Did you expect to grow up, get married and live happily ever after? Are you having second thoughts about that now?
Are you contemplating marriage and worried because in the US at the beginning of the 21st century more than half of all marriages end in divorce?
You’re not alone. Hundreds of women who have shared their lives, their hopes, their dreams and their marriages with me have faced similar struggles. In over four decades of practice as a psychotherapist, marriage counselor and coach, I’ve been privileged to help these women face their challenges and move on with their lives.
I’ve used my experiences with these women, my own life experiences and my recent unscientific research to help create this book as a resource for you.
In gathering information for this book, I’ve asked many women to answer the question, “What is the most important thing you wish you had known before you were actually married? This can be about your husband, what marriage is like, health, history, yourself, expectations, families, children or anything at all.” Women on my mailing list, women I’ve encountered at the local YMCA, women standing in line at the post office, women in a discussion group, women in a sewing circle, women attending parties and networking events—all have given thoughtful answers to this question, either face to face or via an online questionnaire.
More than fifty women have participated in this project. They range in age from their 30s to their 90s. Nearly 80% of them are between the ages of 36 and 65. They’ve all been married at least once, and 90% of them have at least one child. Surprisingly, women from eight different countries responded to my online questionnaire. Answers that came from outside the US and Canada were indistinguishable from the others.
I married a month before my 21st birthday and have been married to my husband for over 58 years. We’re both relationship coaches and marriage counselors, and together we have spent over forty-five years studying, practicing and teaching relationship-building skills. We’ve focused our work on helping clients create dynamic, effective personal and working relationships.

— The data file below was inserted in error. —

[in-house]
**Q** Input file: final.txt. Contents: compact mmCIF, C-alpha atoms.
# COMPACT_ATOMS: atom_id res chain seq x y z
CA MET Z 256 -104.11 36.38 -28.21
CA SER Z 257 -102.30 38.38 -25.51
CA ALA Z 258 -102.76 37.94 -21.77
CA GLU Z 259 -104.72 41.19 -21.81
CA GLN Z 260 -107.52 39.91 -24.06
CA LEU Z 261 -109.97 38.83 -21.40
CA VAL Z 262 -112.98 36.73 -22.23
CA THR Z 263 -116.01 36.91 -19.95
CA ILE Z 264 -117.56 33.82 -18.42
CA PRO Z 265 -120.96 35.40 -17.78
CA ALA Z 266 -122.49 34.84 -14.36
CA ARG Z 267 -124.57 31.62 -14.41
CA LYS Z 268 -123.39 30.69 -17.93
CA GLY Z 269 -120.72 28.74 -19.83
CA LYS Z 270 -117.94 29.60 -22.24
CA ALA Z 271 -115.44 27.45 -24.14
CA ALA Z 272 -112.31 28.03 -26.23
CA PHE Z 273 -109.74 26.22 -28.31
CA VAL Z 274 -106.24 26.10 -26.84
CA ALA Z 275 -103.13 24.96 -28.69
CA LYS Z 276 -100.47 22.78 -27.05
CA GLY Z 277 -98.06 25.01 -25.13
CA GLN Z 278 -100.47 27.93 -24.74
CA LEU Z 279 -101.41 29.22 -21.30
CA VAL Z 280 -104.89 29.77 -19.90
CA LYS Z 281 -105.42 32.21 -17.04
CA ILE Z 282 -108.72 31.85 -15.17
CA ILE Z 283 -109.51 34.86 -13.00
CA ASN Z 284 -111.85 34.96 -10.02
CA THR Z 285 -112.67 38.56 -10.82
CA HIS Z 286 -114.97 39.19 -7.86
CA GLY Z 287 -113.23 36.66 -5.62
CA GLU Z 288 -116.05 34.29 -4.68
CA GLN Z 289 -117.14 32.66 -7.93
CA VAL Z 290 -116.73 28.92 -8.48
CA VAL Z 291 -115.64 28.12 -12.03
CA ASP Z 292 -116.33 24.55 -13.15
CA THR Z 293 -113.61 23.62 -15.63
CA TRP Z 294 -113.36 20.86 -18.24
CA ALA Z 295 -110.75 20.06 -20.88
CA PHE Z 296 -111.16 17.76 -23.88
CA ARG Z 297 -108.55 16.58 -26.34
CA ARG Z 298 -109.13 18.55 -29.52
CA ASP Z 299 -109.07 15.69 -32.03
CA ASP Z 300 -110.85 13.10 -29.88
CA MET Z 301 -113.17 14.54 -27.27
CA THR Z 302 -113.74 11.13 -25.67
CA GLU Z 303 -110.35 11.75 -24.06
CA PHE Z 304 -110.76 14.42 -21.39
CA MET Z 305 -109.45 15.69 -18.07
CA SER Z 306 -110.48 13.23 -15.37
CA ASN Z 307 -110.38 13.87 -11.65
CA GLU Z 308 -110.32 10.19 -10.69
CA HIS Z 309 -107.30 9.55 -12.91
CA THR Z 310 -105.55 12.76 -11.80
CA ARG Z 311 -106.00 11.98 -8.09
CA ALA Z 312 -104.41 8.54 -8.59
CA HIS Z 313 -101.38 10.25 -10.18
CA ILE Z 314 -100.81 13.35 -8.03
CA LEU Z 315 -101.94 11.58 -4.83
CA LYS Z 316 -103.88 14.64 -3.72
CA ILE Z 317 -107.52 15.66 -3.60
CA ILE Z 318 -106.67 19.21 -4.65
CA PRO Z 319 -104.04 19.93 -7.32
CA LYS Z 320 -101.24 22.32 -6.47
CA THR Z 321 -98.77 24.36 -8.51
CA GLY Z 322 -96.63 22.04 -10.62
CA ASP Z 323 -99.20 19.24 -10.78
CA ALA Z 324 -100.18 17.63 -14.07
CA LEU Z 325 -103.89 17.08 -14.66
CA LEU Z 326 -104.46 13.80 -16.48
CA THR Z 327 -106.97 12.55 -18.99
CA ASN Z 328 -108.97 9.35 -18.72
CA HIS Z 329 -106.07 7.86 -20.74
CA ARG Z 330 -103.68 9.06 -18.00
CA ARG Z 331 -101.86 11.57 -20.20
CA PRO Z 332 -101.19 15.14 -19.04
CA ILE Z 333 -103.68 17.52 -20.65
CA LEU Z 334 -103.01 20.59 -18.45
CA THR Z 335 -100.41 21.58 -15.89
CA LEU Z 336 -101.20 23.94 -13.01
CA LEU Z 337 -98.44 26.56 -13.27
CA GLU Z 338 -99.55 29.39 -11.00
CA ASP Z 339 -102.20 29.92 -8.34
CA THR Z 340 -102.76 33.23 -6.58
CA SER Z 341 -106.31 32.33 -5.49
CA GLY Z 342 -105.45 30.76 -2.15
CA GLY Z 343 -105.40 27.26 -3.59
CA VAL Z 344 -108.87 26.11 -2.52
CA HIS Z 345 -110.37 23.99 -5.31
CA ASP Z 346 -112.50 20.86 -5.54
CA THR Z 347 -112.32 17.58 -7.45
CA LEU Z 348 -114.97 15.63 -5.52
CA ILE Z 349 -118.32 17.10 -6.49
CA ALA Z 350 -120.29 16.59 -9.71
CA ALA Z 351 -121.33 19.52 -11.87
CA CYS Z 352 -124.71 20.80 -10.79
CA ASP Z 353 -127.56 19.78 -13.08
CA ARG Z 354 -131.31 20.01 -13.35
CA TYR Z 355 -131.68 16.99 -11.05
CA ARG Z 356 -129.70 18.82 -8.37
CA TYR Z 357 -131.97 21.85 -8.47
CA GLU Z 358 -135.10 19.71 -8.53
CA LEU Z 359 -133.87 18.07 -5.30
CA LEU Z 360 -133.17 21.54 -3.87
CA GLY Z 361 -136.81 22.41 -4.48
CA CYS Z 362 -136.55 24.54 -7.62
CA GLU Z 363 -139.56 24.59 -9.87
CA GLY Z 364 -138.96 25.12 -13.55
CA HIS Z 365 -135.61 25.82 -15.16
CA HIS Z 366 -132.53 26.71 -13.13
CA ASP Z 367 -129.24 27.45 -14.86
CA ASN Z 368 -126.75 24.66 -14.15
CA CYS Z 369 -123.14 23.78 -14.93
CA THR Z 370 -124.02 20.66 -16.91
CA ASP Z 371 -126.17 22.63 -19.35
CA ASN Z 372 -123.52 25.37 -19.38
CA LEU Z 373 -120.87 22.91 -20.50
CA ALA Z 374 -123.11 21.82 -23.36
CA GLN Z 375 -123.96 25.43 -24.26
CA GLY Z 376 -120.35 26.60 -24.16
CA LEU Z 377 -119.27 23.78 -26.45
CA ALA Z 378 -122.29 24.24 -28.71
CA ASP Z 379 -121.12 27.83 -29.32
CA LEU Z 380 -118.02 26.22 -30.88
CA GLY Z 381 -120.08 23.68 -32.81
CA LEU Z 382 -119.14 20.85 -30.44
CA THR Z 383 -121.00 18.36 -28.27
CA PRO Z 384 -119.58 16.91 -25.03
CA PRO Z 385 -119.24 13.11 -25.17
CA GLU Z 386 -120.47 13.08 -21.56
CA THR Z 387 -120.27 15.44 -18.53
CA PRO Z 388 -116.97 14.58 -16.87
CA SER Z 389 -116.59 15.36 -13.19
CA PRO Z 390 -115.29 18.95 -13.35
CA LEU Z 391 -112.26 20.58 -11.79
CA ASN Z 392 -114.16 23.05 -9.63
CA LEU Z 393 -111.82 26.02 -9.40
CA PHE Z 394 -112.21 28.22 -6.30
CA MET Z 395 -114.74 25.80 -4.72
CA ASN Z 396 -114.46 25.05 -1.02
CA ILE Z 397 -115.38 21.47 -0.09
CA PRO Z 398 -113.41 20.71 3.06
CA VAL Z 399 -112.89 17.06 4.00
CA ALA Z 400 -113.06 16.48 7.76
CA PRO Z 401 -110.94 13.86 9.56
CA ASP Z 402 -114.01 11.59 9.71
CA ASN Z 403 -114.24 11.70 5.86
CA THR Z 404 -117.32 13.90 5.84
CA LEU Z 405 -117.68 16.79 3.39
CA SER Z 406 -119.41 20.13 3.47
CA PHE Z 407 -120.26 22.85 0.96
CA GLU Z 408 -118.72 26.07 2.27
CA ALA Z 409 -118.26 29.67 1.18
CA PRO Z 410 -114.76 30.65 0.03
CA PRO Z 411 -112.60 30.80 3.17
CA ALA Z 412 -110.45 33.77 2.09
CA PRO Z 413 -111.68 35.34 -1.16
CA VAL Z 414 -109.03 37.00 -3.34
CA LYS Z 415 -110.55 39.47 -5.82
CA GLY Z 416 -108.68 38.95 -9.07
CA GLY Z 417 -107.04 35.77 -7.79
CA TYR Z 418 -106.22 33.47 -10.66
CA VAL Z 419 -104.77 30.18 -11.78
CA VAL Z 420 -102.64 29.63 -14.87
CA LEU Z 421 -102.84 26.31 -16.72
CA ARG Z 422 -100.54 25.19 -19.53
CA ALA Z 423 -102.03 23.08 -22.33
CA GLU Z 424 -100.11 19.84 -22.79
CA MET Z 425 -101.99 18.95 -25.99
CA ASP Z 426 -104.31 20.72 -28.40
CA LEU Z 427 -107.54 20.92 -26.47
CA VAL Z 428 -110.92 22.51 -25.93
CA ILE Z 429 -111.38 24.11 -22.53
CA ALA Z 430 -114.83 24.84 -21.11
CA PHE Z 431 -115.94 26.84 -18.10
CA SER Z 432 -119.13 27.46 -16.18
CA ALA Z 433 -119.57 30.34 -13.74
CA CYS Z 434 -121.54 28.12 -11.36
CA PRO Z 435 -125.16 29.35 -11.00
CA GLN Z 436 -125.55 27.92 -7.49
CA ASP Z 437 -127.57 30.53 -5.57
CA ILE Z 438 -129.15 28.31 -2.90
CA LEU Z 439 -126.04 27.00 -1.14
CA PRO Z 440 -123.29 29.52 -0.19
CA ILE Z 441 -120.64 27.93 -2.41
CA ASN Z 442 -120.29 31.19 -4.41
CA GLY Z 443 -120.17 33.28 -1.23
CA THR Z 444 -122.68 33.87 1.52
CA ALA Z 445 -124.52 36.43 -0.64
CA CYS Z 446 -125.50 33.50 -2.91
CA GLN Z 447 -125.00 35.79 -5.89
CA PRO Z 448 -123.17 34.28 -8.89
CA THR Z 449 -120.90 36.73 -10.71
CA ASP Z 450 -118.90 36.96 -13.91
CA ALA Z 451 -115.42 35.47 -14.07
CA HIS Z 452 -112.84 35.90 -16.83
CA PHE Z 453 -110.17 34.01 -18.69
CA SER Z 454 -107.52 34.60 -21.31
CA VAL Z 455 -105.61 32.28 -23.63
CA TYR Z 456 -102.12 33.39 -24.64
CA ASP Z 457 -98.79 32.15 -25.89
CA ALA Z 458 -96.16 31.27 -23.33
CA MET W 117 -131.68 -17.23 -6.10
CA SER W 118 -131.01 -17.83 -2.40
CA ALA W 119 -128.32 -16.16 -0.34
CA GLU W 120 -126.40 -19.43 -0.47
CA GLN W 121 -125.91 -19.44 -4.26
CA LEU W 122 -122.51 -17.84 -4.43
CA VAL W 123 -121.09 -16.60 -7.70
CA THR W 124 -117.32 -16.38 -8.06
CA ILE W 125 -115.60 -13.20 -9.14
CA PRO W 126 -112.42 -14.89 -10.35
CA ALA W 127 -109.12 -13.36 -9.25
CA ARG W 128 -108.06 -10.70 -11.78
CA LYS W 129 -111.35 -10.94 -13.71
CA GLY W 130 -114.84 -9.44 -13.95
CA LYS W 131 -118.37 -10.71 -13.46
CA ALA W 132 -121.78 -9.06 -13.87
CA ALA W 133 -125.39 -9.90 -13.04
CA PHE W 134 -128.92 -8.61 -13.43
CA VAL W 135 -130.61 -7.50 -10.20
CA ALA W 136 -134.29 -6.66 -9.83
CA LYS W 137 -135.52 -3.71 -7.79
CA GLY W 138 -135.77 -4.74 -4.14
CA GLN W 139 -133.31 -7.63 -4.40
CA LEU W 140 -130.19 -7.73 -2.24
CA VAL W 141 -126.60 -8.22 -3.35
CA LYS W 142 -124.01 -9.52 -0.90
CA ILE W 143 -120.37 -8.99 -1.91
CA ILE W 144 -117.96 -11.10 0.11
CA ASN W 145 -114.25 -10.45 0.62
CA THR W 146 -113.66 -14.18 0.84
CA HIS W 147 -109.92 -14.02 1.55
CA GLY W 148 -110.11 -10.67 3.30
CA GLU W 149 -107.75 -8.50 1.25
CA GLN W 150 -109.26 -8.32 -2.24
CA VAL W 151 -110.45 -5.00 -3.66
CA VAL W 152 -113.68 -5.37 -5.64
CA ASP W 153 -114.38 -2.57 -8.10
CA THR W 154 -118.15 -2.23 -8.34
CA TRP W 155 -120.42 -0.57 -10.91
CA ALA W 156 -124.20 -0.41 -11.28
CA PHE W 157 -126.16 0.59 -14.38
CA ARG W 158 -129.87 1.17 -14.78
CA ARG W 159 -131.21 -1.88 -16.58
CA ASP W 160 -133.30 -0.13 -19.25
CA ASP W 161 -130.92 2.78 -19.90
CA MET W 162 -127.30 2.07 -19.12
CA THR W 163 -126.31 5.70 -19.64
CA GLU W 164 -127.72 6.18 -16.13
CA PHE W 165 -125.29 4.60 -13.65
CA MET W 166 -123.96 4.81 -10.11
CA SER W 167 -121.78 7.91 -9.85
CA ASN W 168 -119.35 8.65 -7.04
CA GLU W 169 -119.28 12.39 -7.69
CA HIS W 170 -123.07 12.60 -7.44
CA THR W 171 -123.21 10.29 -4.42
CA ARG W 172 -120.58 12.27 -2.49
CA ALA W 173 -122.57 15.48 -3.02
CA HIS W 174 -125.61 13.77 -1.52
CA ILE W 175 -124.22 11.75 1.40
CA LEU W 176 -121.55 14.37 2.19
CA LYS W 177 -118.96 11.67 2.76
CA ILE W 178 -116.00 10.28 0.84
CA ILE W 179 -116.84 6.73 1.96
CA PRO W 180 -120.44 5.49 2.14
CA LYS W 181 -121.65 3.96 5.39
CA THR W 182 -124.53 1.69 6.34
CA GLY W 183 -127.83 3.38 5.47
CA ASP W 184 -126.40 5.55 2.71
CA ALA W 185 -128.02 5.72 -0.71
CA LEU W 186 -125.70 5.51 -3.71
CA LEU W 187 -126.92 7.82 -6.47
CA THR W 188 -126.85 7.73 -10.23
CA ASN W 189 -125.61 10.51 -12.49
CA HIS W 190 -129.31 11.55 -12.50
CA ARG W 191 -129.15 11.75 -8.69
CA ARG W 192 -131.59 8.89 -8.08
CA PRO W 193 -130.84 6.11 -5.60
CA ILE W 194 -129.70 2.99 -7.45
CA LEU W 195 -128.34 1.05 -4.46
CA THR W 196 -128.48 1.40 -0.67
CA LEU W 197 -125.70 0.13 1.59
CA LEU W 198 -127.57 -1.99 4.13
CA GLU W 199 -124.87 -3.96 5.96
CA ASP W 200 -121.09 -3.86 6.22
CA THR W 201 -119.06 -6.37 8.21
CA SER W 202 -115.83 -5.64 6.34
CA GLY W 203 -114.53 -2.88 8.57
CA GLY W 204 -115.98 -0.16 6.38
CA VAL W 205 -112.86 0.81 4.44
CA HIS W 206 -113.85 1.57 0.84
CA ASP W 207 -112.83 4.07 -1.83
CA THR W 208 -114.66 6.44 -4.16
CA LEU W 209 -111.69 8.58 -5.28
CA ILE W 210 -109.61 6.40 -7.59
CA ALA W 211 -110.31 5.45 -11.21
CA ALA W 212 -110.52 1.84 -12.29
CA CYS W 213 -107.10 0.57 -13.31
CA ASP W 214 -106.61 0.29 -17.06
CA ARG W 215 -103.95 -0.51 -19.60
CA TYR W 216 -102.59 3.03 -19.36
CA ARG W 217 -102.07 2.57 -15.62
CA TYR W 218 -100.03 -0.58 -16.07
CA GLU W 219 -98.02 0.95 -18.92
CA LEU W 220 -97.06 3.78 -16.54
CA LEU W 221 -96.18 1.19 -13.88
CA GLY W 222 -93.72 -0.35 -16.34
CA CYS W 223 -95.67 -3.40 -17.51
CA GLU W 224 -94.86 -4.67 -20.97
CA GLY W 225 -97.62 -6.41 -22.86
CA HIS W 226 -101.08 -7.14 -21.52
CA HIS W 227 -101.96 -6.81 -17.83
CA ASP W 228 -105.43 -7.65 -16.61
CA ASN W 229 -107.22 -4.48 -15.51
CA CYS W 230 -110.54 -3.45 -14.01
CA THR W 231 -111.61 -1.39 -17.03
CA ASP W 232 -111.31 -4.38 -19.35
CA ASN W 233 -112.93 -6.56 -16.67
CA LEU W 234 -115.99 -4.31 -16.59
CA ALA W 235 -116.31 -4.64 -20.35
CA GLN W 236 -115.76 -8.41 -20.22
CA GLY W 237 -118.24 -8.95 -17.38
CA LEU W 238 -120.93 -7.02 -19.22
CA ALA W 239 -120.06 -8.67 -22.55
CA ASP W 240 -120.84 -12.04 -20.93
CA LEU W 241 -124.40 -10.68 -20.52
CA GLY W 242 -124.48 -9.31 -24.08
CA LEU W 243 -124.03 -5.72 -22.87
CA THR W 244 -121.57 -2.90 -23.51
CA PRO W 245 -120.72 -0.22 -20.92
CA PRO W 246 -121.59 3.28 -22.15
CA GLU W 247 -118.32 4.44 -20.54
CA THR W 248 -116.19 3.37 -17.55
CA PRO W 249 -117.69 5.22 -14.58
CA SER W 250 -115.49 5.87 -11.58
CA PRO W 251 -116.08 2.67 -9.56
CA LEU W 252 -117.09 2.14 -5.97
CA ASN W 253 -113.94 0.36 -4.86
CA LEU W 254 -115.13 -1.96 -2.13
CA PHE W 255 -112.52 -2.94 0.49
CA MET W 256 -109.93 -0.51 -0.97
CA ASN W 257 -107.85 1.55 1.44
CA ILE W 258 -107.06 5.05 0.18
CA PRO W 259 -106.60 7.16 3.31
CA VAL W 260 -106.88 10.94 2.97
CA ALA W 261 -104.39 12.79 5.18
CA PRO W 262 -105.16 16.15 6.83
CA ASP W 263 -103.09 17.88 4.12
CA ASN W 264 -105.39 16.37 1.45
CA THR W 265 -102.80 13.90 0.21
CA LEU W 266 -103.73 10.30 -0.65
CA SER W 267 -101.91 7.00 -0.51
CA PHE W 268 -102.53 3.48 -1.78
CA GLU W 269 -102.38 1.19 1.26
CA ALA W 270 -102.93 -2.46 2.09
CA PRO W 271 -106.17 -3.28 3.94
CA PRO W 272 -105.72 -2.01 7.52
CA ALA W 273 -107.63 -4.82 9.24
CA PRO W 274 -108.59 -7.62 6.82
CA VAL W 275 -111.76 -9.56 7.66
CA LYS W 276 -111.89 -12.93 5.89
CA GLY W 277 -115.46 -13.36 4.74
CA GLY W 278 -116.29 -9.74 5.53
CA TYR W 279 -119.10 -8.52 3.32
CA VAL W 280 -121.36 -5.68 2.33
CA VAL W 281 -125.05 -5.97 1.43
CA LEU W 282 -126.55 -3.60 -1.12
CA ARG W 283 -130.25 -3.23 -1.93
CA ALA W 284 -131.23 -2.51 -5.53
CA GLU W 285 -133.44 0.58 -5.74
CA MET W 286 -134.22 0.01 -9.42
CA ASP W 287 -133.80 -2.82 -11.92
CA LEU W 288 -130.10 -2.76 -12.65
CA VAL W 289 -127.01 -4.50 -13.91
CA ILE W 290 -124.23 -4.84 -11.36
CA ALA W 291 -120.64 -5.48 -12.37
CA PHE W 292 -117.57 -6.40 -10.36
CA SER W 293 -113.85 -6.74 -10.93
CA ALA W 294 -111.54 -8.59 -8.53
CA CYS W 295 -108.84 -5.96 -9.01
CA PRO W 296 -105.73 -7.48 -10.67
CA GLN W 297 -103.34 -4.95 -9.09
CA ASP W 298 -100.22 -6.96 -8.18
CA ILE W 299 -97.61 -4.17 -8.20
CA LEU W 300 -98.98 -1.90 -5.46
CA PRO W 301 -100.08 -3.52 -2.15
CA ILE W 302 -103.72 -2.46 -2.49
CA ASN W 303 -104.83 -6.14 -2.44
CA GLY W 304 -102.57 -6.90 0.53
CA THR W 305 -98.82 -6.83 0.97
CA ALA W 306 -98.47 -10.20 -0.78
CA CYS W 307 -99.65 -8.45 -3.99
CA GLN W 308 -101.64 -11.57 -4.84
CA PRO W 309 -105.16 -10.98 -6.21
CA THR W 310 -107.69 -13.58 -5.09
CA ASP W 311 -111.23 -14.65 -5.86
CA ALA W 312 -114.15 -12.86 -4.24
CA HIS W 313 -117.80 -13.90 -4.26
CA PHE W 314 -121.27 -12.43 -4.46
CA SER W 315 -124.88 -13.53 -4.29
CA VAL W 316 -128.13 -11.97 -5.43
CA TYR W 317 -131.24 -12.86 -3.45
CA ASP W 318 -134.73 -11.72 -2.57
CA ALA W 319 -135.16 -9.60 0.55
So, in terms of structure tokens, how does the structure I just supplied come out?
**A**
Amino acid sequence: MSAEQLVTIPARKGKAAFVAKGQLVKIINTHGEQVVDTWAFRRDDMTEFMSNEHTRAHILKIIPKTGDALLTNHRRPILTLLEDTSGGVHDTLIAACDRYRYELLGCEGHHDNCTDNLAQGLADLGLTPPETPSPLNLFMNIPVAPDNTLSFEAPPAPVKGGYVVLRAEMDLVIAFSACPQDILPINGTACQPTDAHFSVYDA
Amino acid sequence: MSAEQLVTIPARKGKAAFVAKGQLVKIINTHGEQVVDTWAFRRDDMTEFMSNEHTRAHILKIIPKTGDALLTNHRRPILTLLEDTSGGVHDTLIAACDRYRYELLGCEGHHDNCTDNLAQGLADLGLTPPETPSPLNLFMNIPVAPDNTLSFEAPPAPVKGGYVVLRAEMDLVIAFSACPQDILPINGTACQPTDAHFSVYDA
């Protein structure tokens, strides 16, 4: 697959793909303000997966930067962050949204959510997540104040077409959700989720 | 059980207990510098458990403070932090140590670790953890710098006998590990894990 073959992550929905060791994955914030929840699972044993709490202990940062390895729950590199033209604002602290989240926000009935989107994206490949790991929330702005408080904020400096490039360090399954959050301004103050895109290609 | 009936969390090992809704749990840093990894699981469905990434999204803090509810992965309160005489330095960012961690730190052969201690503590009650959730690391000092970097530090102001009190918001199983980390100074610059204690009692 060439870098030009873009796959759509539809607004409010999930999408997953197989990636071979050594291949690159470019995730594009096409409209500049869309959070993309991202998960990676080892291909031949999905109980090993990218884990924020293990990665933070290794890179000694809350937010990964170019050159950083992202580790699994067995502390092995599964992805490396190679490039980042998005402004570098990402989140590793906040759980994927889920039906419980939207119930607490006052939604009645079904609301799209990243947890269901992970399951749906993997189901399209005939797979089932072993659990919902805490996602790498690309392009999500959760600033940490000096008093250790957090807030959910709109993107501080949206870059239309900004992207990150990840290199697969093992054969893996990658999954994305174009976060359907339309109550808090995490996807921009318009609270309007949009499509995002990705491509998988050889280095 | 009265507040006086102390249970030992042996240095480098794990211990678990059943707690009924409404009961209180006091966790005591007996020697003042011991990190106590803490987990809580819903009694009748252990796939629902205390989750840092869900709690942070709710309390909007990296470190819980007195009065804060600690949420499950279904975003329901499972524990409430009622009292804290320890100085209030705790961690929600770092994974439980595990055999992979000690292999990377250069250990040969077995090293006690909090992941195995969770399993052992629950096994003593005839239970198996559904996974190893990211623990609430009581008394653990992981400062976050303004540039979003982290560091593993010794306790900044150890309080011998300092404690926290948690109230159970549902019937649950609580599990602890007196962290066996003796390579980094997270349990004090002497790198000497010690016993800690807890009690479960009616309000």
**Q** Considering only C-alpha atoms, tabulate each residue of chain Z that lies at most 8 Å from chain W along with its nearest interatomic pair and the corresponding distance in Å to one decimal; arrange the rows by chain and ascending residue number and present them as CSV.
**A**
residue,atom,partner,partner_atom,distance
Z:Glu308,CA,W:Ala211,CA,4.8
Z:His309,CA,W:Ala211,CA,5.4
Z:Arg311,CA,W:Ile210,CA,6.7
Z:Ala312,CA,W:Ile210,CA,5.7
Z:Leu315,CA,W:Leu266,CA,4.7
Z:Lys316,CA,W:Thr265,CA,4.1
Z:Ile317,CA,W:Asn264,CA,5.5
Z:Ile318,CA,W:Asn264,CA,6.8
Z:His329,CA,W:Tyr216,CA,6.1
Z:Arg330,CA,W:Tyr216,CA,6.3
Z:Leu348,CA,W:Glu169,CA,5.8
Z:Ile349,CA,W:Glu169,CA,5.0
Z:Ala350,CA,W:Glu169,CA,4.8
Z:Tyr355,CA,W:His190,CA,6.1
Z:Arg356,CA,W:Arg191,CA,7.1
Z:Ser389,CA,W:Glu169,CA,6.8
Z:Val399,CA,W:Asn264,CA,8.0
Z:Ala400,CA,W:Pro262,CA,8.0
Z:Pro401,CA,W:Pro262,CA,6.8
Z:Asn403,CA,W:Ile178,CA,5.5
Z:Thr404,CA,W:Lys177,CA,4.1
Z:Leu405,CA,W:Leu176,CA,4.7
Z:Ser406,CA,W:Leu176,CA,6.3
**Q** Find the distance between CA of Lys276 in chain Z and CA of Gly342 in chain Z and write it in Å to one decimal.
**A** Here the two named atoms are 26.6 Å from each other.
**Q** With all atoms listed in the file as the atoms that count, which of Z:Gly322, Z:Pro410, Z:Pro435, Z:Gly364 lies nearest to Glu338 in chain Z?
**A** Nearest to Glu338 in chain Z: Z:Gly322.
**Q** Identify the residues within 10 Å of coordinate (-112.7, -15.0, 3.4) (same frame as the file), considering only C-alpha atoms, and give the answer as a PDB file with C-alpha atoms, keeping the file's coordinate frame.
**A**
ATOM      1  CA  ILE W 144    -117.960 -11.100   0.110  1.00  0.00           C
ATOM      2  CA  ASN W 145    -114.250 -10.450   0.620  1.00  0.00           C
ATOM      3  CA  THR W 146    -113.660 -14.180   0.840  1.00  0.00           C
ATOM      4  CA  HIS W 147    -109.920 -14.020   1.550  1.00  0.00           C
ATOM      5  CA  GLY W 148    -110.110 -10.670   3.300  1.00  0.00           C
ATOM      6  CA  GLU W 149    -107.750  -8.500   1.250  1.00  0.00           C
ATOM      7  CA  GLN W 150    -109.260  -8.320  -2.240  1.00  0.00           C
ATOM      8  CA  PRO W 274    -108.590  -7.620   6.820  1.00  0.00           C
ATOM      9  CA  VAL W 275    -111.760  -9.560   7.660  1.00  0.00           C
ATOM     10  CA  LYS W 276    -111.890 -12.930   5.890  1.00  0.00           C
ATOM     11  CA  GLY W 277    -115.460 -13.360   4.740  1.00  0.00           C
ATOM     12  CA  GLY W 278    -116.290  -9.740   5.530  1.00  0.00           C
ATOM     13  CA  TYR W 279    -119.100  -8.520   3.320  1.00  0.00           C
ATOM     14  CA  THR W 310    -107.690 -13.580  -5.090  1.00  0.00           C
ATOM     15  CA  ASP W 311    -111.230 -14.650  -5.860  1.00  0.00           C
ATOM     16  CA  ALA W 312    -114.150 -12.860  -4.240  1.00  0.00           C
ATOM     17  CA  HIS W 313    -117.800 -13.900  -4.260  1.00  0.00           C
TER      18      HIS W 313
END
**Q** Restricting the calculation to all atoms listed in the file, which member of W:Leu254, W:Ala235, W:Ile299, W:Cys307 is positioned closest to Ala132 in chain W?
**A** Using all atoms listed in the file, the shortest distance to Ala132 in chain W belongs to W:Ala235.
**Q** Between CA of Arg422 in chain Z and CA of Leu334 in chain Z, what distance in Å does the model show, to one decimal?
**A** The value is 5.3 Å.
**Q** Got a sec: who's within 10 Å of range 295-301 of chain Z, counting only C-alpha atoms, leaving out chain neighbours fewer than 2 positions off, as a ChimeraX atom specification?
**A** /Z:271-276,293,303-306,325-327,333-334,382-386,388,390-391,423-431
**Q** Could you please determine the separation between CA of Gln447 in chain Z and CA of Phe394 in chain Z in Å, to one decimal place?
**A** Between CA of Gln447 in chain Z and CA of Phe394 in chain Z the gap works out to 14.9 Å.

Our own marriage has often been our laboratory. Because we’ve worked together as psychotherapists, practicing and teaching in an international community, we’ve had unusual opportunities to develop an awareness of many things that enable people to discover the richness that it is possible to have in a long-term relationship. But it wasn’t always this way.
Like everyone else, I grew up with a very limited view of what marriage could and should be like. My own parents maintained a traditional marriage for 58 years—until my mother’s death. Before I got married it never occurred to me that I could or should know anything more about what to expect after I said “I do.” Looking back, though, there are a lot of things I wish I had known ahead of time.
Almost every woman I’ve worked with throughout the years also needed the kinds of information the contributors to this project are sharing here.
I couldn’t have done this book alone. Women who came from environments very different from mine shared issues I may not have thought to include. The things they wish they had known are not the same as those I have identified from my own experience and the experiences of my clients, relatives and friends. I’m grateful for the wisdom, eloquence, and broader perspective these women have brought to this book.
Most of the names of the contributors to this project have been changed to protect their privacy. A few of the women have given permission to be identified, in which case both their first and last names have been included.
Click Follow to receive emails when this author adds content on Bublish